Recently Google was forced to disable a number of applications designed for use on mobile phones using the Android OS, when it was found that they contained malware that compromised users' security and privacy.

However, it would seem that it's not just the smartphones that are vulnerable to the kind of complex technical exploit one usually associates with the actions of the ELSs amongst us.

A handful of German researchers recently demonstrated that it's possible to crash some of the most basic mobile phones through the use of a carefully crafted SMS message.

By embedding some binary data into the SMS, these researchers were able to either crash (force a reboot) or "brick" (totally and permanently disable) a number of popular "basic" cellphone brands and models.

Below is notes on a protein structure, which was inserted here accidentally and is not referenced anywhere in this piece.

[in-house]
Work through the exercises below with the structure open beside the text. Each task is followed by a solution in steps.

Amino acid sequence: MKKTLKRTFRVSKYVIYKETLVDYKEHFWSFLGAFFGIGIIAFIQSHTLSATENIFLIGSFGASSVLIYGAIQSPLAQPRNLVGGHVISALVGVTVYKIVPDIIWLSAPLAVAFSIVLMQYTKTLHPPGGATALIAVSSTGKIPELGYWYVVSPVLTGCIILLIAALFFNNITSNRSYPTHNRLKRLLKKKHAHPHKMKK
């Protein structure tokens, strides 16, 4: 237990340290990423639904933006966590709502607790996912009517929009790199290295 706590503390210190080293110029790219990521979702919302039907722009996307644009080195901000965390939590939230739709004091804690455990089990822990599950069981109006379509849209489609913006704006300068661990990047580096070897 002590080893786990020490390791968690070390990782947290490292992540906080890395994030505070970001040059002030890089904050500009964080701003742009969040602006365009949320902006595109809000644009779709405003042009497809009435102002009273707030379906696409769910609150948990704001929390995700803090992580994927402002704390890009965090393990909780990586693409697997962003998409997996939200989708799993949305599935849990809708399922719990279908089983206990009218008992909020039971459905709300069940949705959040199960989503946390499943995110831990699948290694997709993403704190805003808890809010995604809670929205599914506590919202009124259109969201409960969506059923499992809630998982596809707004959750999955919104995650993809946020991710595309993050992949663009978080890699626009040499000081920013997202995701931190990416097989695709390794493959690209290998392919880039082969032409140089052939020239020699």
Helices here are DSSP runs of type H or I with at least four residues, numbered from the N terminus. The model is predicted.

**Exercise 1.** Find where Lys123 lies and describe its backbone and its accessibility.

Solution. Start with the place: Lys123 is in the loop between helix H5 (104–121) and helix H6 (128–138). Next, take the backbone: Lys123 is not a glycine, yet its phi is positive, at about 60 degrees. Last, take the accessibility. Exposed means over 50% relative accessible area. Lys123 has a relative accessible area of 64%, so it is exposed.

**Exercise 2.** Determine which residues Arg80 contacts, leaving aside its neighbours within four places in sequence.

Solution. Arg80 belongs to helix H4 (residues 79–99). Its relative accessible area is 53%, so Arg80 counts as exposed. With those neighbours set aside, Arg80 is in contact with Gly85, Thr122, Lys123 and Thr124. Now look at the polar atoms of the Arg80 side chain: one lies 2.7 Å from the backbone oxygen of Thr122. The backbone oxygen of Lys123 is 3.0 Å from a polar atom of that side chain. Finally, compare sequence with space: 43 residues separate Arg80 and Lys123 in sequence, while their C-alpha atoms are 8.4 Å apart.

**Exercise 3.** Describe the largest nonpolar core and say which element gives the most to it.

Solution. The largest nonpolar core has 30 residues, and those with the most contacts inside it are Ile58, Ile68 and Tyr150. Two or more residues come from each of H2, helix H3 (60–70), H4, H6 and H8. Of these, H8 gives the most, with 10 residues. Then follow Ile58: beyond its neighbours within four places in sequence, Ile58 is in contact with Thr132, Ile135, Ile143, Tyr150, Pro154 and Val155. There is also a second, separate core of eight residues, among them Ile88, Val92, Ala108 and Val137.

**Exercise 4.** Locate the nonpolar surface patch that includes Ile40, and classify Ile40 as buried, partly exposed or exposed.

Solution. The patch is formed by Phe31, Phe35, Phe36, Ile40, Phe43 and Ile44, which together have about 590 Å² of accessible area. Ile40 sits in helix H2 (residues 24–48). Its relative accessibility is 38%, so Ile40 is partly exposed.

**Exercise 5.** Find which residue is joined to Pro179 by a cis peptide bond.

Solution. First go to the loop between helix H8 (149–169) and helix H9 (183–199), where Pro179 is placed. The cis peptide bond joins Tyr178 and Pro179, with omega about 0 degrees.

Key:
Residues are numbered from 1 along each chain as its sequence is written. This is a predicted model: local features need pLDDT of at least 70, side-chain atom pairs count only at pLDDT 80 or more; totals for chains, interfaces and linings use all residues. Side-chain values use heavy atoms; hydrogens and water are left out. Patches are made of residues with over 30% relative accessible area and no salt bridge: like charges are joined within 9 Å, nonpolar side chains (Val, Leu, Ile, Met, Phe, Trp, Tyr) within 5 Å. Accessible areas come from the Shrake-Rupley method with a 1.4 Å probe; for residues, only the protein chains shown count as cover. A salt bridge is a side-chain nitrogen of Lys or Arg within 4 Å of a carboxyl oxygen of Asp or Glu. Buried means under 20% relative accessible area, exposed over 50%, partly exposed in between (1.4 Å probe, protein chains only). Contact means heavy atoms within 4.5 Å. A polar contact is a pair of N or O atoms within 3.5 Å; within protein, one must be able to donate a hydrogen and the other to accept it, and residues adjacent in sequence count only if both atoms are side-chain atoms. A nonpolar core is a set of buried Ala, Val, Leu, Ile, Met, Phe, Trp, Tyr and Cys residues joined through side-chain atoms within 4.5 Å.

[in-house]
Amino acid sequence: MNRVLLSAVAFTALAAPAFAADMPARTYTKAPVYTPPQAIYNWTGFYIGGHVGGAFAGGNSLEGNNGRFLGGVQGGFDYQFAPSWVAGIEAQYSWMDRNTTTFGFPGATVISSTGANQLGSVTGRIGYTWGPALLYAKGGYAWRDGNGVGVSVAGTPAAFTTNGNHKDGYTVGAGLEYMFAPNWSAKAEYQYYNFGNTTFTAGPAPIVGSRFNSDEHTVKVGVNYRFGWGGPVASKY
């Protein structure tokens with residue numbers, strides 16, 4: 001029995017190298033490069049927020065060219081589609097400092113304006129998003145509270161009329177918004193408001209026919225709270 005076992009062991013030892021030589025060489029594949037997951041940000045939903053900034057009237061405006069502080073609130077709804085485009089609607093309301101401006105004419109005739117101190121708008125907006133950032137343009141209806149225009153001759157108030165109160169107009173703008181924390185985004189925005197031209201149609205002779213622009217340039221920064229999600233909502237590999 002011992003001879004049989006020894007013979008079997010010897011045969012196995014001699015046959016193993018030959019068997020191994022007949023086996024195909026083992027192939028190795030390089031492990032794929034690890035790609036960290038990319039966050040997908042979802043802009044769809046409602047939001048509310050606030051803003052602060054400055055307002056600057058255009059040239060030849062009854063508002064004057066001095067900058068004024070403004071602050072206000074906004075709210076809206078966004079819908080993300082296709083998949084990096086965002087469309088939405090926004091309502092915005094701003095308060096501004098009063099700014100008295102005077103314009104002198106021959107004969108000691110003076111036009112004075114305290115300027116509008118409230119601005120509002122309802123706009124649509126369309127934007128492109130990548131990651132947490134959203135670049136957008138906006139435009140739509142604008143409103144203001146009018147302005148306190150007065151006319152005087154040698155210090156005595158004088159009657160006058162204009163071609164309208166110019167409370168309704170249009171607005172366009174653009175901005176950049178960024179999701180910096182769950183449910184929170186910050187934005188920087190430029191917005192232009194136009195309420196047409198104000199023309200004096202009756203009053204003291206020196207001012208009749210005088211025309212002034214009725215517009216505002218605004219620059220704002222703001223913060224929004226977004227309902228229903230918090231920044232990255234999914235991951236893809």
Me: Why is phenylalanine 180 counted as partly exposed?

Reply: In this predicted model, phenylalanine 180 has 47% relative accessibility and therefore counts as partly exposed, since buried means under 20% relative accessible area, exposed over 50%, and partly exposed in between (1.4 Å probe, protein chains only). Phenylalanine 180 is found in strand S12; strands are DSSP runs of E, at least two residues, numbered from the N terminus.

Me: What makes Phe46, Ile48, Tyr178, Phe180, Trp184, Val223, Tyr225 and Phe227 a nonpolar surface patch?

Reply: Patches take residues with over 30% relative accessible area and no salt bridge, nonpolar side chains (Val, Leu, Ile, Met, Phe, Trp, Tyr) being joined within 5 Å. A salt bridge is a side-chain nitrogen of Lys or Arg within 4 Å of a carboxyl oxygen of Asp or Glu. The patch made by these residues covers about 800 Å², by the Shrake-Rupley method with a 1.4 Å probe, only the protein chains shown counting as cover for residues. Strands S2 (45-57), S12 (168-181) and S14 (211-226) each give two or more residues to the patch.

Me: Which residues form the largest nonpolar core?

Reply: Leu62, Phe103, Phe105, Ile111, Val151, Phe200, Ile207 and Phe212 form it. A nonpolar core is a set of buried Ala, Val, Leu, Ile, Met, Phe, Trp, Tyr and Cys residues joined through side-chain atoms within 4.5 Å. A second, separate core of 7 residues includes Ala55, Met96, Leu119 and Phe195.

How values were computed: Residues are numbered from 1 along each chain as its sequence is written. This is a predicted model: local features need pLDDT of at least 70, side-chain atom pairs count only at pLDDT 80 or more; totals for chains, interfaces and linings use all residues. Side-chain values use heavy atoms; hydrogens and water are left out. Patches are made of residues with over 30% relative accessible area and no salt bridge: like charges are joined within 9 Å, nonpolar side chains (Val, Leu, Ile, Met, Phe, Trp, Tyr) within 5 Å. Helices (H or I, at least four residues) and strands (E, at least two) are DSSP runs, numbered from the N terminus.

Amongst the list of those phones which proved vulnerable to this exploit were household names such as LG, Sony Ericsson and Nokia.

Is there no device that is safe from the prying, wrecking, coveting eyes and hands of these malevolent crackers?

As always, vigilance is essential to security. However, sometimes we're simply at the mercy of the manufacturer and their ability to design good solid systems. Unfortunately, it seems that such reliance is sometimes just not enough.


Friday, March 4, 2011

Clouds to the rescue

It's now been over week since the horrendous earthquake that devastated Christchurch and despite the best efforts of a small army of volunteers and professionals, it will still be quite some time before normality is restored to this city.